Vanimo PIR Outstation, between the two airstrips
New Guinea

Locals - New Guinea Highlands

Pipes & Drums of the 2nd Battalion, Pacific Islands Regiment
Wewak, PNG, circa 1965

Foreword to WE BAND OF BROTHERS by Major General Digger James AC, MBE, MC, MBBS, FRACS.

Much has been written about the Australian Digger and the Australian Army in war and in peace, but ‘We Band of Brothers’ is more, much more. It is a story, a diary, of a man's family – the Army – in which he served so faithfully for nearly three decades.

I have never met Brian McFarlane, but after reading his enthralling story, I know him well, for we have walked the same tracks, tasted the same foods, and felt the same joys and pain that goes with service as an infantryman in our Army. He has written a story that will have appeal not only to those who have served or have known someone who served in the Australian Army in war, it will fulfil the thirst for knowledge of the growing numbers of young Australians who yearn to uncover the deeds of their forefathers. He mentions throughout his book a close friend of mine for over 30 years – Geoff Jones, who was his excellent Company Medic in his beloved C Company 6 RAR, and this is my involvement with the book, and reason I offered to write this foreword.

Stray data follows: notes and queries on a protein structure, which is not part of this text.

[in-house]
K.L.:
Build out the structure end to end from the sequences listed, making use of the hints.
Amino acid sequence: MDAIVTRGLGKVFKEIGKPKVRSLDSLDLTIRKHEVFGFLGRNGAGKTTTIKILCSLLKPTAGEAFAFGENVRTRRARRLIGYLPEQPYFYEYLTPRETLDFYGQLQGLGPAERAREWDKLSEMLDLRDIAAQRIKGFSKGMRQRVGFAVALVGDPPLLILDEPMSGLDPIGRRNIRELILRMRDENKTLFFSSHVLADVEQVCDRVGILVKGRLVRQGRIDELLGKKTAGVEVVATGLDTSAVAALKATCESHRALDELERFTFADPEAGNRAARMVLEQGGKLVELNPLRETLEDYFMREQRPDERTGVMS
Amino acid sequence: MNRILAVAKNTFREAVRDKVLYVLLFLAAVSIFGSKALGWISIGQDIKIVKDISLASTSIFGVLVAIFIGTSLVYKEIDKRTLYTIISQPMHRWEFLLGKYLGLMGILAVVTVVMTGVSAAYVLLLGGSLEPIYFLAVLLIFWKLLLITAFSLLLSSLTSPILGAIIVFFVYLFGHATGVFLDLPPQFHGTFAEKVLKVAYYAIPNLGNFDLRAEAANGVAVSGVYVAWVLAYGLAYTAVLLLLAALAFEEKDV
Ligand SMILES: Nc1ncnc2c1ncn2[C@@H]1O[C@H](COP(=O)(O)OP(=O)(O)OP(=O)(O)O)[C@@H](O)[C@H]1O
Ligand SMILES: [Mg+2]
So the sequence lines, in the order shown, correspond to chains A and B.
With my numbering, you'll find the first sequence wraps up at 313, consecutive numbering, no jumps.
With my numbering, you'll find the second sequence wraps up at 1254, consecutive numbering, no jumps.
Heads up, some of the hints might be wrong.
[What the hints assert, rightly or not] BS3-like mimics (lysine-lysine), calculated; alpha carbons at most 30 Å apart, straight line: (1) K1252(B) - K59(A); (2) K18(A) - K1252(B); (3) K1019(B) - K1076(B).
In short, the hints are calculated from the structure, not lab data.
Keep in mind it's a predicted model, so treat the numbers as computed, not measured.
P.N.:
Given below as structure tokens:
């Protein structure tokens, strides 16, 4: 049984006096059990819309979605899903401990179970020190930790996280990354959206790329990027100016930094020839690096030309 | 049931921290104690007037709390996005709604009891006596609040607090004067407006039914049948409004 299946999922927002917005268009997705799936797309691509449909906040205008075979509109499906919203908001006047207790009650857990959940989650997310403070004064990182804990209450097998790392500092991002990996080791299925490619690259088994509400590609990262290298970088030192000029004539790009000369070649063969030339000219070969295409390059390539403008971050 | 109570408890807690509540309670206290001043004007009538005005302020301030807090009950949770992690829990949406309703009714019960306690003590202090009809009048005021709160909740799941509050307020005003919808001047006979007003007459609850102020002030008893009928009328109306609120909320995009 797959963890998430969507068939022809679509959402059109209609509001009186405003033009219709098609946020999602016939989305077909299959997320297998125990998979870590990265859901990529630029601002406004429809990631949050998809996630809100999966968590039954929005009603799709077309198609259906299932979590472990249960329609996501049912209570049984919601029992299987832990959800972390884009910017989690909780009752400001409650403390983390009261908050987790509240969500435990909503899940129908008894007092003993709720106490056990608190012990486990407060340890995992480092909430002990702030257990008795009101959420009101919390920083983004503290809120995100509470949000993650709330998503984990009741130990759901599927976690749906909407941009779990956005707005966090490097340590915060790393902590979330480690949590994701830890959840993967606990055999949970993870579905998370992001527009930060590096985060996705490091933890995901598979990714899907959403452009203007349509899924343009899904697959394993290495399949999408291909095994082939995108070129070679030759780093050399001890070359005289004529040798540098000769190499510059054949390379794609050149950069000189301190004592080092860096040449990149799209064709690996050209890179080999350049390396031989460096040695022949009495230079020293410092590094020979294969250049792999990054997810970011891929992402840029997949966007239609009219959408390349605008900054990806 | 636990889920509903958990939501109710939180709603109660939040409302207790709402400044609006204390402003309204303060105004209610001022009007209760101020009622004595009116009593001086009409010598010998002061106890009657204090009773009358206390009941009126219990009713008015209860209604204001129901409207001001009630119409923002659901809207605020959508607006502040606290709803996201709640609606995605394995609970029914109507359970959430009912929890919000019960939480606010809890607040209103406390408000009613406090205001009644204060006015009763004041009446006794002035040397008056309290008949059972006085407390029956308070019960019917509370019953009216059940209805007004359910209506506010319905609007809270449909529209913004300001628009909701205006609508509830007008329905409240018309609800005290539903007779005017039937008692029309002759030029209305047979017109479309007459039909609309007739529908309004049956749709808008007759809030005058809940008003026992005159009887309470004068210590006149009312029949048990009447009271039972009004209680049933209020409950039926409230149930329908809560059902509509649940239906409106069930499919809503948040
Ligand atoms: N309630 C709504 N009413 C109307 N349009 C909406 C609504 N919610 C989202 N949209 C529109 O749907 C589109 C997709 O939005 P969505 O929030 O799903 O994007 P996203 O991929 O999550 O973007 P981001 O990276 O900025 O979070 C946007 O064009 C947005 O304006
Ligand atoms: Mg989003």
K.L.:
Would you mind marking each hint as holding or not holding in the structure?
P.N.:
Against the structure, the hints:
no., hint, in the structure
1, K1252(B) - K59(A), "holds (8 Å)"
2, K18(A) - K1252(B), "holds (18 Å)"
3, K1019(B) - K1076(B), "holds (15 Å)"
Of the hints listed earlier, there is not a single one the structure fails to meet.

He tells with frank detail of his own life, of his triumphs and of his failures, but at the same time includes all those who he has worked with, had words with, or who had an influence on his long and eventful life in the regular army, post World War 2.

We Band of Brothers is an account of his life, told truthfully, and with sincere feeling and empathy for his fellow man.

Brian McFarlane has spent almost all of his working life as a soldier and officer in the Australian Army, initially as a National Serviceman and later at OCS Portsea and as an officer in the Regular Army.

His book is an excellent and truly historic account of service, little known by most Australians, in the Australian Army through the years following the Korean War. Brian McFarlane recounts, from personal knowledge, detail of service in the 2nd Battalion of the Royal Australian Regiment in the Malayan Emergency period, and of three years in Papua New Guinea with the Pacific Islands Regiment, prior to service in the Vietnam War. His method of writing is to give detailed information of the people with whom he served – His Band of Brothers. It is magnificent in detail, is written in a logical, chronological way of the Army in those years, and is seen through the eyes of an officer through his career, a career that was proudly that of a battalion man. His service was entirely ‘with the troops’ and he tells his story and their story, with warts and all.